One word: Humans. Snap has proven it can get a scoop without sacrificing reliability. During the white nationalist rally in Charlottesville, Va., in August, Nick Bell’s team assigned a producer in New York to create dispatches for Our Stories. That meant scanning public Snapchat posts from within a few blocks of the protests, and gathering video and interviews from Snapchat-using journalists on the scene. Around 3 p.m. on Aug. 12, a short video clip posted on Snapchat appeared to show police arresting James Alex Fields Jr., the man who allegedly drove a car into a crowd of counterprotesters, killing 32-year-old Heather Heyer and injuring 19 other people. On Facebook, Twitter, or YouTube, the footage would have gone viral before it could be confirmed; and, in fact, screenshots of the Snapc
An Australian TV network, the Seven Network, is doing an interesting experiment using the Google+ social network’s video Hangout tool. The TV show Sunrise used the tool to show viewers live coverage of five backstage areas on the show via Yahoo!7, and on air. (more…)
Jimmy Guterman, the editor known for running The Industry Standard's "Media Grok" and then briefly an attempt an independent successor, "Media Unspun," has begun a Weblog for the Online Journalism Review covering what media types are saying about coverage of the war in Iraq — called "Media on Media." "It's strictly inside baseball: This is coverage by a journalist of how journalists are covering other journalists," he says.
Knight-Ridder received a lot of criticism last year after it moved all of its sites to one Web publishing system and gave them a similar cookie-cutter look -- but one of the things the new system has enabled it to do well is share content across sites. A good example of this is its Iraq coverage. In particular, check out War Watch, a good blog edited by two SiliconValley.com staffers that can also be found on sites like philly.com and miami.com.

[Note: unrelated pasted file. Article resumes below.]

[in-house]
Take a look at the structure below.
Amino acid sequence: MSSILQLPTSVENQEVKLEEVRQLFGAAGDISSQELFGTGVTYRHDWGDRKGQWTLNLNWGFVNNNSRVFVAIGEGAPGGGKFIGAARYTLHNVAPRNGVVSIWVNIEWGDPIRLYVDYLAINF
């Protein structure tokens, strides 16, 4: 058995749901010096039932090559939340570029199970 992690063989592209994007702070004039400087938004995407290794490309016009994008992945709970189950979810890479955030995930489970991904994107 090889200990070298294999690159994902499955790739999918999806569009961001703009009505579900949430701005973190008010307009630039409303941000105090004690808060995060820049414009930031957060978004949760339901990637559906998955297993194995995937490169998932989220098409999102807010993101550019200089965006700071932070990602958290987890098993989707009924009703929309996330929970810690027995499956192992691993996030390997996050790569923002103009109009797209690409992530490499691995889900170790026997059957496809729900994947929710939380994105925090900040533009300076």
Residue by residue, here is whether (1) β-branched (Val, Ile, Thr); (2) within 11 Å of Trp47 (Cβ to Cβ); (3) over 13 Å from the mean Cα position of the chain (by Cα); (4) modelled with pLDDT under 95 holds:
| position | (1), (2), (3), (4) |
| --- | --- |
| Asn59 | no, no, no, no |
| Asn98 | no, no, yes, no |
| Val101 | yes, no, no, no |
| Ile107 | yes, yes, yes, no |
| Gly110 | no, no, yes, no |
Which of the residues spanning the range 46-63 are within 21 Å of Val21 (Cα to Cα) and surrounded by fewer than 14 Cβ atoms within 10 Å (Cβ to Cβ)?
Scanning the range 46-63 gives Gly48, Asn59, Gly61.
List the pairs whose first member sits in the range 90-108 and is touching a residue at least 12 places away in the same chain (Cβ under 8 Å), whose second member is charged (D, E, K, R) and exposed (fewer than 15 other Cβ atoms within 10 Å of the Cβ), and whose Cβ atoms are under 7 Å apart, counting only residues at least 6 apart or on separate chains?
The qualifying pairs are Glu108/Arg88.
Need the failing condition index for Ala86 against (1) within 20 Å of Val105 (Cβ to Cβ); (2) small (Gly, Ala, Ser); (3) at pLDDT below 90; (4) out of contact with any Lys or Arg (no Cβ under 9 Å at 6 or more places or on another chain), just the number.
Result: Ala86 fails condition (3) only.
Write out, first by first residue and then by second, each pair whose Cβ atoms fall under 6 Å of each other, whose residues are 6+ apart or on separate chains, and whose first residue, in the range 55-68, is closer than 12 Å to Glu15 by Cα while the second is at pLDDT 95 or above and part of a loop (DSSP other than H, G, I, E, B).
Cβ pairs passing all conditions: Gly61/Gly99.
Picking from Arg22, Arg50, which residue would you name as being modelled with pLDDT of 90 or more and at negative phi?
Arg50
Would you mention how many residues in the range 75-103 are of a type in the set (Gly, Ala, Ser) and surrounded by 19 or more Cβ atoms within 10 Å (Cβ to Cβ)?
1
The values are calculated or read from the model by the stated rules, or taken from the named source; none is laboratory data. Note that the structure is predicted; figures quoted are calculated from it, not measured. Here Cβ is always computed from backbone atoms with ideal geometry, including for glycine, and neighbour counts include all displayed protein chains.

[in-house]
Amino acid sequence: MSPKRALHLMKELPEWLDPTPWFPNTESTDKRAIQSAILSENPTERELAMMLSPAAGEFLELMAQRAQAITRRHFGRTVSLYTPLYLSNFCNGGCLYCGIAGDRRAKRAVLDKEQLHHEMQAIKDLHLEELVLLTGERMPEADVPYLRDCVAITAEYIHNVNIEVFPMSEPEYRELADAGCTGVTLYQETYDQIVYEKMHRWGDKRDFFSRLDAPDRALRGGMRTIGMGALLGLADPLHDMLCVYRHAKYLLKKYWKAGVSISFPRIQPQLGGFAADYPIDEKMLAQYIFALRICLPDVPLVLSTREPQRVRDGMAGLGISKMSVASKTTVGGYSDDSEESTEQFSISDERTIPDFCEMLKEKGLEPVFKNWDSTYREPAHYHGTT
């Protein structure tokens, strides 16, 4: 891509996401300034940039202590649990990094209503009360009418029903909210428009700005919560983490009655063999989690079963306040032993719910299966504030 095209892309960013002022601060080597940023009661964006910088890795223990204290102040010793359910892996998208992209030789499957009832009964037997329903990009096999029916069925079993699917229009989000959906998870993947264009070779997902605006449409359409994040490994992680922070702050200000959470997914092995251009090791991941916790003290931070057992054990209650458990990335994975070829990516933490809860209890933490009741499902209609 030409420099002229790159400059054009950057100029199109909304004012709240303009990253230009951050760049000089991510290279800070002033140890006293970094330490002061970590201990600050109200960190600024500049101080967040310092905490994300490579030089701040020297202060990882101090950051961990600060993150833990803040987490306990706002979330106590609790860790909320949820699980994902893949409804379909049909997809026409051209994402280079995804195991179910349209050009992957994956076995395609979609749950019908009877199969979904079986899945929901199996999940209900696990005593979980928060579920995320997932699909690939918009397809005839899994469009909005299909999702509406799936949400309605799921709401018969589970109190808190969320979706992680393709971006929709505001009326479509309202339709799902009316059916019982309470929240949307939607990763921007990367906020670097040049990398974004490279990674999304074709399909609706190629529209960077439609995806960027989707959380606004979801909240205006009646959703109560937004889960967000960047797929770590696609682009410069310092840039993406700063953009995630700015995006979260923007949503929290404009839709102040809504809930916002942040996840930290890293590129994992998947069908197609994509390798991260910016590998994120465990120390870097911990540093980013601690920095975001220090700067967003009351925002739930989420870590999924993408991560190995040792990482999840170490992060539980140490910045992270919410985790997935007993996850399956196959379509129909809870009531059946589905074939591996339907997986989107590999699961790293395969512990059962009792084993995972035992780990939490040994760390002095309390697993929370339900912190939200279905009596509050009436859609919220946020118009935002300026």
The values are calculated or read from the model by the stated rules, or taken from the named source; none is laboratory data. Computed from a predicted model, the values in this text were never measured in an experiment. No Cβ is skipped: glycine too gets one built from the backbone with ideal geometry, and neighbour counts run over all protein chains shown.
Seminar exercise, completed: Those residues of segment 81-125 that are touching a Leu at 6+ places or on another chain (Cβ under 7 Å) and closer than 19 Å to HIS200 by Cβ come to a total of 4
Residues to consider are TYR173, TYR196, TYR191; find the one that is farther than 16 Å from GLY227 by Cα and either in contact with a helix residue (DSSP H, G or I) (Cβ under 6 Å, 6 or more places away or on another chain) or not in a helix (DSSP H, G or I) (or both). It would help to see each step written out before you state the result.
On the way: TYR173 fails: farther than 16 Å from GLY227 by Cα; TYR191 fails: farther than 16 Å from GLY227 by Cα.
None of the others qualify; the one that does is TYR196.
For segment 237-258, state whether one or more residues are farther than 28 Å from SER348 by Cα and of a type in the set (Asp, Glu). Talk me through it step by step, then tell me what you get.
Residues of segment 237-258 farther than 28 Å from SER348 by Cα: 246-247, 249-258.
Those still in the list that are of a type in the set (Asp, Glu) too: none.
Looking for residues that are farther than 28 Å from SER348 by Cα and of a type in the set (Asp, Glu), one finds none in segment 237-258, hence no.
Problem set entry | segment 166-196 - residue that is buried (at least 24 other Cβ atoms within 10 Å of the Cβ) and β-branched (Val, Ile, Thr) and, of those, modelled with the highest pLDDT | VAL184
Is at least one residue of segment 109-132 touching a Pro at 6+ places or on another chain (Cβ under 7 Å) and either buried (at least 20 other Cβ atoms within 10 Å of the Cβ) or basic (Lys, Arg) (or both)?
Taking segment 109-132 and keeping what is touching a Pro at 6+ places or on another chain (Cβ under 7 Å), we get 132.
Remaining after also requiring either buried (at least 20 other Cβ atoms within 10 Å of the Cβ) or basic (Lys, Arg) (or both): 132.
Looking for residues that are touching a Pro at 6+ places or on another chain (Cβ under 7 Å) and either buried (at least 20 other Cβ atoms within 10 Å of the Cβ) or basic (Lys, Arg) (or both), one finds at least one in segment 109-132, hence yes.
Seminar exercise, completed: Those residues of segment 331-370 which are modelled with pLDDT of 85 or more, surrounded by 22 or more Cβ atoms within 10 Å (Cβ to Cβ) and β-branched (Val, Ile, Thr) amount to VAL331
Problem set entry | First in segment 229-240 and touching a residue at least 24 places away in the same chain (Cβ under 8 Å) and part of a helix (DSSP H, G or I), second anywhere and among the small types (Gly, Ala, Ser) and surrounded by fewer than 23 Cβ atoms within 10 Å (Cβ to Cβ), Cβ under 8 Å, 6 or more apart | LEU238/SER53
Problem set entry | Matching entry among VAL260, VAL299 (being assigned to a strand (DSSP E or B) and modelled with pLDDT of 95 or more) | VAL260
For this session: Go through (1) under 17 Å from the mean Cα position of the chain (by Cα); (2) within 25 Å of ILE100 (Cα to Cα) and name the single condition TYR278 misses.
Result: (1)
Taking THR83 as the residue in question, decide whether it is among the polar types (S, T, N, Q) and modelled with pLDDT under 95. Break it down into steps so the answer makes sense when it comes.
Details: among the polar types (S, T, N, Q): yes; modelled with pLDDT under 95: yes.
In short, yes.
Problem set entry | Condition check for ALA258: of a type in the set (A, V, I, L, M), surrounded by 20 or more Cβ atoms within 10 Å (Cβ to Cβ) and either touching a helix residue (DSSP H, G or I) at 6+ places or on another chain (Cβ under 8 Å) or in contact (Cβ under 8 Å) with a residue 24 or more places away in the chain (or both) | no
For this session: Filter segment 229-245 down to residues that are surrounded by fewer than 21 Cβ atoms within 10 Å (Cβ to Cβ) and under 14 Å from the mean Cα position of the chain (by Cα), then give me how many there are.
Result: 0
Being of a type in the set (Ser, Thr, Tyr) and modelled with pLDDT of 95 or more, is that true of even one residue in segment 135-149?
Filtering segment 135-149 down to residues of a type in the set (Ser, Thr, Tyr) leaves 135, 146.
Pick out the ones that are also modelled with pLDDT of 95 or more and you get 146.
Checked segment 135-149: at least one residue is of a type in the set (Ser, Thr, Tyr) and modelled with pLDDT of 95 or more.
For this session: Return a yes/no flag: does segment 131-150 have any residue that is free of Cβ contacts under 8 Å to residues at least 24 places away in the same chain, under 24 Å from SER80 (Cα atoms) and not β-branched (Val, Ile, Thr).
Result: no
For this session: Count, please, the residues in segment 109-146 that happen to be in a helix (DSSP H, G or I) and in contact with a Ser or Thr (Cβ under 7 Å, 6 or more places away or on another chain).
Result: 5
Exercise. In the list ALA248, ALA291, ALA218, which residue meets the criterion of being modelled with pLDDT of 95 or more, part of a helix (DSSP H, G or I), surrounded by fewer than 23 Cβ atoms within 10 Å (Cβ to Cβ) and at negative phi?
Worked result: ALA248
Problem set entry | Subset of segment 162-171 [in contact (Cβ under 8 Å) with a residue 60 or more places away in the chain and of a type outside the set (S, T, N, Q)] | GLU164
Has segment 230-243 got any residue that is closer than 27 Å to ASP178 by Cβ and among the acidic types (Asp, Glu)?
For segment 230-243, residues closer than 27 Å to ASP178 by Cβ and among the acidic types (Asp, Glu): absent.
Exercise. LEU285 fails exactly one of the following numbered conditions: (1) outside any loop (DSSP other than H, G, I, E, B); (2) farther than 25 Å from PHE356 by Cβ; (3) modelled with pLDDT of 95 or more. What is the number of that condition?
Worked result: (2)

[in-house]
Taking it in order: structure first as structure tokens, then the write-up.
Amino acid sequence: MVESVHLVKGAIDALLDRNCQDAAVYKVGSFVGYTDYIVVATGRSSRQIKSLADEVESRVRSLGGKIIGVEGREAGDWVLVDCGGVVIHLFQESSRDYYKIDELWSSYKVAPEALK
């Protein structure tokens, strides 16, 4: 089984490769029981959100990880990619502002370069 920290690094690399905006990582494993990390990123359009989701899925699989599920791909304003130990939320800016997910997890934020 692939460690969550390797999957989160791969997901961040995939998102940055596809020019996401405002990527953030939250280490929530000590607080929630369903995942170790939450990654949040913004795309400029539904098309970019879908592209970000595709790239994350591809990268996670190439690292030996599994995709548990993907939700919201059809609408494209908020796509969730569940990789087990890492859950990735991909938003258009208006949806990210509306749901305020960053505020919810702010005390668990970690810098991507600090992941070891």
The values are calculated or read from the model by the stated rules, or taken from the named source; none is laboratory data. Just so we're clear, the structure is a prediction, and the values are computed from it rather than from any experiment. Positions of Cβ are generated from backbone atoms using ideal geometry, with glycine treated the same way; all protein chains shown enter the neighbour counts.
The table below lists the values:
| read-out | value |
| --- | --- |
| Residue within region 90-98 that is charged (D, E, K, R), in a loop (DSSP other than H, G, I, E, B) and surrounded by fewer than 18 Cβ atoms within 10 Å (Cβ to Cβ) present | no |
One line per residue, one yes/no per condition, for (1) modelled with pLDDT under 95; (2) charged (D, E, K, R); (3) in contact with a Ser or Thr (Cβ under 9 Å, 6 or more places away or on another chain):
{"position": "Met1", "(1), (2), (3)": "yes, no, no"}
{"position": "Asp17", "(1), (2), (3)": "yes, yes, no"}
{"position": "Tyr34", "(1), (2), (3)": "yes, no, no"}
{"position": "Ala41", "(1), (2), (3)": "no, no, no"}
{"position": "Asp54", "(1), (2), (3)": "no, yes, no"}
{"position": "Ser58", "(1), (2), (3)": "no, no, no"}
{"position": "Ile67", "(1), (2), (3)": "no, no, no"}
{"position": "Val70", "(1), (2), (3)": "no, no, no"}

An Iraqi who calls himself Salam Pax has been writing a Weblog from Baghdad, filing wry accounts of daily life from the heart of the war zone and developing such a large Internet following that traffic caused his server to go down. Salam Pax, a pseudonym crafted from the Arabic and Latin words for peace, is the only resident of Iraq known to be filing accounts of the war directly to the Web, according to Reuters.
After an article in the San Francisco Chronicle about CNN Correspondent Kevin Sites's great blog from the Gulf, he writes, "I've been asked to suspend my war blogging for a while." Apparently the blog wasn't authorized by CNN. "I don't want let you down -- I'm chronicling the events of my war experiences, the same as I always have, and hope to come to agreement with CNN in the near future to make them available to you in some shape or form, perhaps on this site."
Seattle Post-Intelligencer reporter M.L. Lyke and photographer Grant M. Haller are among a group of journalists embedded with U.S. forces on board the aircraft carrier USS Abraham Lincoln and Lyke is writing a continuous Weblog for seattlepi.com about her experiences, called Aboard the USS Abraham Lincoln. "Being first on board has advantages. I've got a bunk, called a 'rack' onboard. Late-arrival media will have to sleep in cots. I'm in the Mary Todd Suite, directly below the steam-powered catapults that launch jets into space with a thunderous shudder, night or/and day. I flinch on the first launch, shoulders up around my neck. My body shakes involuntarily. Within an hour, I don't even blink. That's life onboard: The weird becomes the norm, in quick order."